Influencers Claim Agency With Russian Connections Offered Cash to Discredit Pfizer Vaccine

Several French and German YouTube influencers said they were offered money from a public relations agency with apparent ties to Russia in order to discredit the Pfizer-BioNtech COVID-19 vaccine and falsely tell their followers that the jab has led to hundreds of deaths.

According to screenshots of emails posted by multiple YouTube bloggers, a PR agency called Fazze claimed to be an "influencer marketing platform" based out of London.

The agency contacted French health and science YouTubers last week and asked them to "explain ... the death rate among the vaccinated with Pfizer is almost 3x higher than the vaccinated by AstraZeneca," The Guardian reported.

In exchange for money, the influencers were asked to publish links on YouTube, Instagram or TikTok to reports in Le Monde, on Reddit and on the Ethical Hacker website about a supposed leaked report containing data that substantiates the false claim.

The article in Le Monde is about data reportedly stolen by Russian hackers from the European Medicines Agency regarding the Pfizer vaccine, but contains contains no information on mortality rates. The other two pages have since been deleted, The Guardian reported.

In poor English, Fazze asked the influencers to ask their followers "why some governments actively purchasing Pfizer vaccine, which is dangerous to the health of the people?"

The agency also asked the influencers to "act like you have the passion and interest in this topic," and to avoid using the words "advertising" or "sponsored" in posts or videos because "the material should be presented as your own independent view," according to The Guardian and an investigative report by French news site Numerama.

Pfizer
A PR agency with apparent ties to Russia offered Youtube influencers money in oder to spread false information about the Pfizer COVID-19 vaccine. Here, syringes wand vials of the Pfizer-BioNTech Covid-19 vaccine are prepared to be administered to front-line health care workers under an emergency use authorization at a drive up vaccination site from Renown Health in Reno, Nevada on December 17, 2020. PATRICK T. FALLON/AFP/Getty Images

Léo Grasset, a popular French science YouTuber with nearly 1.2 million subscribers, posted screenshots of the emails to Twitter.

"It's strange. I received a partnership proposal which consists of breaking down the Pfizer vaccine on video. Colossal budget, client who wants to remain incognito and you have to hide the sponsorship," Grasset tweeted on Monday.

C'est étrange.
J'ai reçu une proposition de partenariat qui consiste à déglinguer le vaccin Pfizer en vidéo. Budget colossal, client qui veut rester incognito et il faut cacher la sponso.
Éthique/20. Si vous voyez des vidéos là dessus vous saurez que c'est une opé, du coup. pic.twitter.com/sl3ur9QuSu

— Léo Grasset (@dirtybiology) May 24, 2021

Similarly, Mirko Drotschman, a German YouTuber and podcaster with 1.5 million subscribers, also posted a screenshot of the email asking him to take part in an "information campaign" about Pfizer-linked deaths last week.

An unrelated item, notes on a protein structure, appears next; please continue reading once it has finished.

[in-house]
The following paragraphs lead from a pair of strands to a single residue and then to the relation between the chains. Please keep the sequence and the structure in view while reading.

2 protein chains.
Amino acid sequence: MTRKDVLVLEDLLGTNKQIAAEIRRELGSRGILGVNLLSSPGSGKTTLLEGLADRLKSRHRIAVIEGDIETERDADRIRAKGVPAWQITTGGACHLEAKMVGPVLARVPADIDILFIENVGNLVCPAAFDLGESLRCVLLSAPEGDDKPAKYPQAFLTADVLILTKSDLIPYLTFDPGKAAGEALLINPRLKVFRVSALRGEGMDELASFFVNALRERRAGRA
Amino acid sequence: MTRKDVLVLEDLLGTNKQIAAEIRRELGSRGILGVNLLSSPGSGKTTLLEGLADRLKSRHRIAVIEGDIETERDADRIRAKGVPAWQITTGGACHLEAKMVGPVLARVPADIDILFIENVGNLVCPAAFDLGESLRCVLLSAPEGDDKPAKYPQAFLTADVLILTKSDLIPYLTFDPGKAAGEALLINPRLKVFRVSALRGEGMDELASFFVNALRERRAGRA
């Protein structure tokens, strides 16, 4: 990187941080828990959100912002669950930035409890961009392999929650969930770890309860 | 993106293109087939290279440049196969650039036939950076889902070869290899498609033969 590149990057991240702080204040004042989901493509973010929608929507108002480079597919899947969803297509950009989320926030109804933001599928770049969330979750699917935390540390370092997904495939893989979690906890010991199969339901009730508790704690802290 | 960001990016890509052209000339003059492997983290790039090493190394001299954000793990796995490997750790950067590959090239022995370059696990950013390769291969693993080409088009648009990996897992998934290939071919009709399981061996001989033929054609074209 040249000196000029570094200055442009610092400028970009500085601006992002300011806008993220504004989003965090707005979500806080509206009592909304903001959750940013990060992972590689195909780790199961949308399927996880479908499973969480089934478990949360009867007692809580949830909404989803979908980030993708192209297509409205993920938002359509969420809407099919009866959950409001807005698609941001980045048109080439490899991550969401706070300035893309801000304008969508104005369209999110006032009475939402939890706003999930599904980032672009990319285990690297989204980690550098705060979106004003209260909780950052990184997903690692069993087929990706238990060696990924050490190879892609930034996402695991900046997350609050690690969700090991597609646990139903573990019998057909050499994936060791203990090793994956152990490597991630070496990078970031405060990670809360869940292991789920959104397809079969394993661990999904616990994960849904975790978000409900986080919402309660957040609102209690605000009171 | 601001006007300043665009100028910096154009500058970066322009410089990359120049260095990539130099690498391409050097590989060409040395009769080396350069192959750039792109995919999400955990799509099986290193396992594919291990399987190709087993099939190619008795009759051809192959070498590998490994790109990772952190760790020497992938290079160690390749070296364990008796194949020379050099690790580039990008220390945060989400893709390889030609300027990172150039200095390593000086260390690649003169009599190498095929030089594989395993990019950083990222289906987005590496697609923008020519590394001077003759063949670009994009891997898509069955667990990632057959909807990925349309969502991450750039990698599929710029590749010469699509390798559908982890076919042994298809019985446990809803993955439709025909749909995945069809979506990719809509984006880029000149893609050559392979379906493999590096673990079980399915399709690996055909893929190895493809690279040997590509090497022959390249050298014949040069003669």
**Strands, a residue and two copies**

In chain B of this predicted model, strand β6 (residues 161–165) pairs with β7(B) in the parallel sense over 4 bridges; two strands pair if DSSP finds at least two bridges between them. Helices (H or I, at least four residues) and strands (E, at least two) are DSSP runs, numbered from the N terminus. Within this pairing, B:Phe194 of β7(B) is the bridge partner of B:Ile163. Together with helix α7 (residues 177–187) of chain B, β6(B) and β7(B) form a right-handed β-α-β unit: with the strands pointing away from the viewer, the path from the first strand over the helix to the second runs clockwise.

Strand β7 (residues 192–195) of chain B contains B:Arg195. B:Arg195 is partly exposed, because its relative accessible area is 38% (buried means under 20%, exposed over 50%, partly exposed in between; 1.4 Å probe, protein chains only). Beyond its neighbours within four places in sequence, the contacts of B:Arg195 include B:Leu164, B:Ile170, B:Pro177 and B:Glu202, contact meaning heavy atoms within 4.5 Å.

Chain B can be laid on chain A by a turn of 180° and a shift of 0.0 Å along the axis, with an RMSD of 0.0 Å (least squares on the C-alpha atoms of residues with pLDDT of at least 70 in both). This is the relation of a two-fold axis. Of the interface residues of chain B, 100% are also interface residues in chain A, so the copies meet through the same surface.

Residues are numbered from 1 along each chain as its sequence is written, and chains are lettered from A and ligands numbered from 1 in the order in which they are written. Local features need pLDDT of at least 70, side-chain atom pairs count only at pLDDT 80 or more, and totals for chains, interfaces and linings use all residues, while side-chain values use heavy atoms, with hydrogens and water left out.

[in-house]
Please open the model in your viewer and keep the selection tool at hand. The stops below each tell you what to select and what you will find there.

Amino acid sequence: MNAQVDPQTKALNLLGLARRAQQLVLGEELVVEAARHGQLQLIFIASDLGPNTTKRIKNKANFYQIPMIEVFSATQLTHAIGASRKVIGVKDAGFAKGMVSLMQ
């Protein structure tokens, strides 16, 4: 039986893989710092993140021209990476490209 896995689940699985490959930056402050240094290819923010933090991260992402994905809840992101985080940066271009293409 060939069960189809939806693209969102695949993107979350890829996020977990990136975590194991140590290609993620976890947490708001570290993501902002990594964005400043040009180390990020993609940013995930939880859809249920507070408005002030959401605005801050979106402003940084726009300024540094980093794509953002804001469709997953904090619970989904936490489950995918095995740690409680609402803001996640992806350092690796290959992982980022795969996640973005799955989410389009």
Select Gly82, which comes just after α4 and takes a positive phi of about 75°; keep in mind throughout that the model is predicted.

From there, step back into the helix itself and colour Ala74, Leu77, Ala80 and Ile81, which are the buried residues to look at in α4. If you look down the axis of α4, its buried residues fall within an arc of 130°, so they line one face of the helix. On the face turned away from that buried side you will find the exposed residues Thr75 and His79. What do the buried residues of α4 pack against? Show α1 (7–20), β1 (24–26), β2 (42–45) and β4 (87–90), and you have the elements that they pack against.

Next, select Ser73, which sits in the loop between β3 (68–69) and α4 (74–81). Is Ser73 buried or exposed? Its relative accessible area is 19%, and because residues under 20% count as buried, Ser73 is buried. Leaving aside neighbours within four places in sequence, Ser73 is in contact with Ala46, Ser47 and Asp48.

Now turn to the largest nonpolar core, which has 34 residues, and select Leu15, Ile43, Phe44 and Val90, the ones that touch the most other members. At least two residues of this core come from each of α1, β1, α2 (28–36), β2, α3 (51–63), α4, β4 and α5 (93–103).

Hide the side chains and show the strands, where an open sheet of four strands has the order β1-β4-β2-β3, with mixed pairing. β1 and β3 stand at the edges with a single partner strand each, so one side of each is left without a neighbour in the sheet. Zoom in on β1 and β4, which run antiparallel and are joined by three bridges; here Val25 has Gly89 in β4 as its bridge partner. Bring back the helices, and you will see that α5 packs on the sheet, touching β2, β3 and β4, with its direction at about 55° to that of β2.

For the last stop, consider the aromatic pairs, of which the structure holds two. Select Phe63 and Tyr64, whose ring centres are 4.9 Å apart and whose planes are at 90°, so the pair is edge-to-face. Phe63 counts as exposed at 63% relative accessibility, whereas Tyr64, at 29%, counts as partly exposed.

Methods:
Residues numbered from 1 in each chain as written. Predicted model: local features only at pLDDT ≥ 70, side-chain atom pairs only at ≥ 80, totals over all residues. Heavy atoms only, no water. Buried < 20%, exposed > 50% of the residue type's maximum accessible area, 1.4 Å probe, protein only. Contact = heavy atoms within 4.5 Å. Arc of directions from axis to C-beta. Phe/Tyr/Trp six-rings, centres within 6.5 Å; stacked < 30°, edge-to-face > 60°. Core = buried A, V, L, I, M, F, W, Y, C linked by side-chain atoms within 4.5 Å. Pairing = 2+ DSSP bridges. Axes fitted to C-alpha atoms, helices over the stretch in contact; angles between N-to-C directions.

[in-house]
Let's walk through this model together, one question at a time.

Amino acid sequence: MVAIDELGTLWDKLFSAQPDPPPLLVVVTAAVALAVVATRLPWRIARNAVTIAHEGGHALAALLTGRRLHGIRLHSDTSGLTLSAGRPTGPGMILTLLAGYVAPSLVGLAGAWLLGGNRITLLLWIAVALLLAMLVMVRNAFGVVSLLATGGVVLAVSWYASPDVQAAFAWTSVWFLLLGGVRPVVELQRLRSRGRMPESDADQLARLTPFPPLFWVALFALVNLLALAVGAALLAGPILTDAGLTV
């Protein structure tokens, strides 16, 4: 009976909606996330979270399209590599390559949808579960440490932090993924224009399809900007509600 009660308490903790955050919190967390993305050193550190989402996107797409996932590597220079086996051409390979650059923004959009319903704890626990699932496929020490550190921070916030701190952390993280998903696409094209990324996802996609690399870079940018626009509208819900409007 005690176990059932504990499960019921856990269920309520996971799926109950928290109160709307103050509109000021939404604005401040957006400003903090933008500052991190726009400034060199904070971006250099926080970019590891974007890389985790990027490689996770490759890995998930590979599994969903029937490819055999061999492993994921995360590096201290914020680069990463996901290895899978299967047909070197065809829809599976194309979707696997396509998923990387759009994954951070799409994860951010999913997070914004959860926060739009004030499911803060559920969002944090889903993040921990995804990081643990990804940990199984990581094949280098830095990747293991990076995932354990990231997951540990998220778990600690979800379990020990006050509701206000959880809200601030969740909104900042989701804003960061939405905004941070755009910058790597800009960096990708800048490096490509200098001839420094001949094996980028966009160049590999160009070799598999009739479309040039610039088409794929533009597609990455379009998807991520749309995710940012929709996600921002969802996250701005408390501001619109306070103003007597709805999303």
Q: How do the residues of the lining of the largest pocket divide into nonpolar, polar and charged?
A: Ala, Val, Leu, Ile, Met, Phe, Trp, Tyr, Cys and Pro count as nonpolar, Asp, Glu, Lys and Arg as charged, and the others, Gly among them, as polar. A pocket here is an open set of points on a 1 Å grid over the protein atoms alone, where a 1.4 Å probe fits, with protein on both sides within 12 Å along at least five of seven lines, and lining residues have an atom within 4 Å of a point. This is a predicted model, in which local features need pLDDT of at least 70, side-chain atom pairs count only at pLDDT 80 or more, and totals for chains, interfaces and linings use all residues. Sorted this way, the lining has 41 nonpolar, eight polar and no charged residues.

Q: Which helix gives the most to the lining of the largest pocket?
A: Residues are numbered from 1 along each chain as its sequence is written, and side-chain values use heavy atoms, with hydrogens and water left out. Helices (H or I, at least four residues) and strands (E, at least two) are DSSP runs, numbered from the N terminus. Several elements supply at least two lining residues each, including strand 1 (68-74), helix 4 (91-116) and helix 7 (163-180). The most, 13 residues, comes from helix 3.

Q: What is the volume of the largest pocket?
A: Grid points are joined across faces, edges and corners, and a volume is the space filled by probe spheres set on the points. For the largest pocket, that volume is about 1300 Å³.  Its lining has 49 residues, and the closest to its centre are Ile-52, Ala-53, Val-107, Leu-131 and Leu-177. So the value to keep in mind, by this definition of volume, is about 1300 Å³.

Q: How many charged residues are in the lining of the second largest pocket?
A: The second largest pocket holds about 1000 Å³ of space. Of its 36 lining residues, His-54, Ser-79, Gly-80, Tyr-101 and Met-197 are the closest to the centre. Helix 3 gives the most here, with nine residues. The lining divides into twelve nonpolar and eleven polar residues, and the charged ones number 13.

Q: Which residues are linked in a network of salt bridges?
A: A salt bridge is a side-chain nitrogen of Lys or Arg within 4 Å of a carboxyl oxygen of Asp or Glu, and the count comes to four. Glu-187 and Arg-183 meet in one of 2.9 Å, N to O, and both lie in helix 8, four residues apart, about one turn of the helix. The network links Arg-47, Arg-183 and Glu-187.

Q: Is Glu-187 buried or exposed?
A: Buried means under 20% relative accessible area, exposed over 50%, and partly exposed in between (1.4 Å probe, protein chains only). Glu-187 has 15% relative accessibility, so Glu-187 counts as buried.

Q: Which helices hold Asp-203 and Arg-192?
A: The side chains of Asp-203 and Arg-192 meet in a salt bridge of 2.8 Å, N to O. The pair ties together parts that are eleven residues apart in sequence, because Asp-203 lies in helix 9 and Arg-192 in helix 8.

"Very interesting: an agency contacts me and asks if I want to be part of an 'information campaign'. It's about sharing a link to allegedly leaked documents on corona vaccination deaths," Drotschman said in a translated Tweet.

Sehr interessant: Eine Agentur meldet sich und fragt, ob ich Teil einer „Informationskampagne“ sein will. Es geht darum, einen Link zu angeblich geleakten Dokumenten zu Todesfällen bei Corona-Impfungen zu teilen. Gegen Geld. Sitz der Agentur: London. Wohnort des CEO: Moskau. pic.twitter.com/5x0Wqx79oZ

— Mirko Drotschmann (@MrWissen2Go) May 18, 2021

Though the agency claimed to be based at 5 Percy Street in London, it is not registered there. Instead, Fazze's management was found to come from Moscow, with ties to a Russian entrepreneur, The Guardian reported.

By Tuesday, Fazze's website was no longer accessible online and Newsweek was unable to reach the agency.

Misinformation campaigns related to COVID-19 vaccines with ties to Russia are not new. In April, a European Union agency report said Russia launched a major effort using government ministries, companies and pro-Kremlin media to spread disinformation that the West and the EU are trying to sabotage its Sputnik V COVID-19 vaccine.

Earlier this month, the U.S. State Department also identified three online publications directed by Russia's intelligence services that that have attempted to spread disinformation about COVID-19 vaccines produced by Pfizer and Moderna.

The outlets "spread many types of disinformation, including about both the Pfizer and Moderna vaccines, as well as international organizations, military conflicts, protests, and any divisive issue that they can exploit," a State Department spokesperson said, according to Reuters.

"The Department will continue to expose Russia's nefarious activities online," she added. "We will also continue to work closely with our allies and partners to provide a global response to countering disinformation."